A study to look at a virus and the immune system in Merkel cell carcinoma

Please note - this trial is no longer recruiting patients. We hope to add results when they are available.

Cancer type:

Neuroendocrine tumour (NET)
Non melanoma skin cancer
Skin cancer





This study is looking at a virus that may have a role in causing Merkel cell carcinoma. In particular, how it is recognised by the body’s immune system.

Merkel cell carcinoma is a rare skin cancer. If possible, doctors treat Merkel cell skin cancer with surgery and radiotherapy. However, sometimes the cancer has spread to other parts of the body when it is diagnosed. In these cases other treatments, such as chemotherapy, are used but they tend to only work in the short term.

Recently researchers have found a virus, called MCV, in many Merkel cell skin cancers that they think may help to cause it. The virus is also found in lots of healthy people without causing any known illnesses. This makes them think that the immune system of a person with Merkel cell cancer may work differently when exposed to the virus compared with a healthy person.

By finding out more about this, they can try to learn about mechanisms the virus uses to promote cancer development and this may help to uncover new treatment strategies.

To find out more, they need to look at the virus and immune cells in the tissue and blood samples of people with Merkel cell skin cancer. They also want to compare these samples with the samples from people who don’t have Merkel cell skin cancer.

The aims of this study are to

  • Look for the virus in Merkel cell skin cancer
  • Find out more about the virus
  • Look at differences in how the virus is recognised by the immune system in people with and without Merkel cell skin cancer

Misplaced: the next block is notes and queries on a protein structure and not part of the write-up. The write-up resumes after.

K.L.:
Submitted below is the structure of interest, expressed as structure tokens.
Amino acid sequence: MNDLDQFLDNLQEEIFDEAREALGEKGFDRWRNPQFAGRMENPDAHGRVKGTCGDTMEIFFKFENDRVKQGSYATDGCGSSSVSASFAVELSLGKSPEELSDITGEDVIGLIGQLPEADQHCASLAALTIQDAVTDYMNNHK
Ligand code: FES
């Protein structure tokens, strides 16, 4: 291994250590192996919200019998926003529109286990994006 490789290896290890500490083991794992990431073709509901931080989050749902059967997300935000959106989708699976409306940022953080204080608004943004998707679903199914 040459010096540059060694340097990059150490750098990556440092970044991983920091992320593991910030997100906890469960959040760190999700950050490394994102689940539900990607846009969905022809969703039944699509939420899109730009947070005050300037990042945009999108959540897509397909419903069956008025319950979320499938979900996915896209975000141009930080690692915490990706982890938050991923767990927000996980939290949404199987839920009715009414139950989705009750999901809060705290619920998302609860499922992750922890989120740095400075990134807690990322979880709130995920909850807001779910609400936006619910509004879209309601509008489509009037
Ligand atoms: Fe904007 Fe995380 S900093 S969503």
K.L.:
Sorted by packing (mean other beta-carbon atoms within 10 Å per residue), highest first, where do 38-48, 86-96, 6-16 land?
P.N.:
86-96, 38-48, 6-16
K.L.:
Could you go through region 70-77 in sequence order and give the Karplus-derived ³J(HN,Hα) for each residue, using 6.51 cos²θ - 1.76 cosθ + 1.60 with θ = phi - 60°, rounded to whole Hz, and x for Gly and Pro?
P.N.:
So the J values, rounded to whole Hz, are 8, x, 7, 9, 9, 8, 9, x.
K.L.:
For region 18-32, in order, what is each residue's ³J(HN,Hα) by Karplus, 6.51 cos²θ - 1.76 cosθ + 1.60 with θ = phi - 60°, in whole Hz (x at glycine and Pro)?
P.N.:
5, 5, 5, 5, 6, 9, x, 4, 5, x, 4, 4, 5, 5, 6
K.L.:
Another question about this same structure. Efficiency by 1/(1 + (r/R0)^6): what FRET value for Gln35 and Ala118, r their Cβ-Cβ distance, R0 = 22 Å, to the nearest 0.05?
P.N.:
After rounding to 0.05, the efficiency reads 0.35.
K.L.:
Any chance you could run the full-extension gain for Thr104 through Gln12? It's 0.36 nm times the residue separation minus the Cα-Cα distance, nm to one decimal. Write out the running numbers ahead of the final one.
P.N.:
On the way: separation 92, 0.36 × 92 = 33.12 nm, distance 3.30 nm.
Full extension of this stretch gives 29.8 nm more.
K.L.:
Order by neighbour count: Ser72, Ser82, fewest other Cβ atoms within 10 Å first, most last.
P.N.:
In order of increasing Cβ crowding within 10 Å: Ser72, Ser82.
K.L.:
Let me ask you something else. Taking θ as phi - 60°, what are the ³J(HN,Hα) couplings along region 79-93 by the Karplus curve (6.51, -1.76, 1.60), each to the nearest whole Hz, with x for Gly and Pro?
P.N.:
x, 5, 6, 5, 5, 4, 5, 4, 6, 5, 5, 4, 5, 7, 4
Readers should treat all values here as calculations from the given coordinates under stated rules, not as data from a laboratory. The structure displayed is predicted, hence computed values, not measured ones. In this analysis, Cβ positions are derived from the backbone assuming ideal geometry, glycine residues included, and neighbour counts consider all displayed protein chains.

Who can enter

You may be able to enter this study if you have, or have had, merkel cell skin cancer, or have had another type of non melanoma skin cancer and are attending the skin clinic at the University of Birmingham Foundation NHS Trust.

You may be invited to take part if you don’t have skin cancer and are having surgery at the University of Birmingham Foundation NHS Trust.

You cannot take part in this study if you have another serious medical condition.

Trial design

This is a pilot study. It will recruit 60 people who attend the skin clinic at the University of Birmingham Foundation NHS Trust. Not everyone invited to take part will have skin cancer.

The researchers will take at least 3 blood samples from everyone in the study. They may contact you later to ask if you can give some more blood samples. They will only take the blood samples if they think you are well enough.

If you have surgery for skin cancer, your surgeon will remove the cancer with a border of normal tissue around it. The research team will ask for small pieces of this tissue (biopsies). If you have any further surgery to remove skin cancer later, they may ask for more biopsies.

If you have already had surgery, they will ask for a small piece of the cancer tissue that the surgeon removed.

Hospital visits

The researchers will do their best to take the blood samples at your routine hospital visits.

Side effects

The researchers don’t anticipate any side effects from taking part in this study. Taking your blood may cause you some discomfort or bruising.

Recruitment start:

Recruitment end:

How to join a clinical trial

Please note: In order to join a trial you will need to discuss it with your doctor, unless otherwise specified.

Please note - unless we state otherwise in the summary, you need to talk to your doctor about joining a trial.

Chief Investigator

Dr Neil Steven

Supported by

Experimental Cancer Medicine Centre (ECMC)
Medical Research Council (MRC)
Queen Elizabeth Hospital Birmingham Charities
University of Birmingham

If you have questions about the trial please contact our cancer information nurses

Freephone 0808 800 4040

Last review date

CRUK internal database number:

Oracle 5950

Please note - unless we state otherwise in the summary, you need to talk to your doctor about joining a trial.

Charlie took part in a trial to try new treatments

A picture of Charlie

“I think it’s really important that people keep signing up to these type of trials to push research forward.”

Last reviewed:

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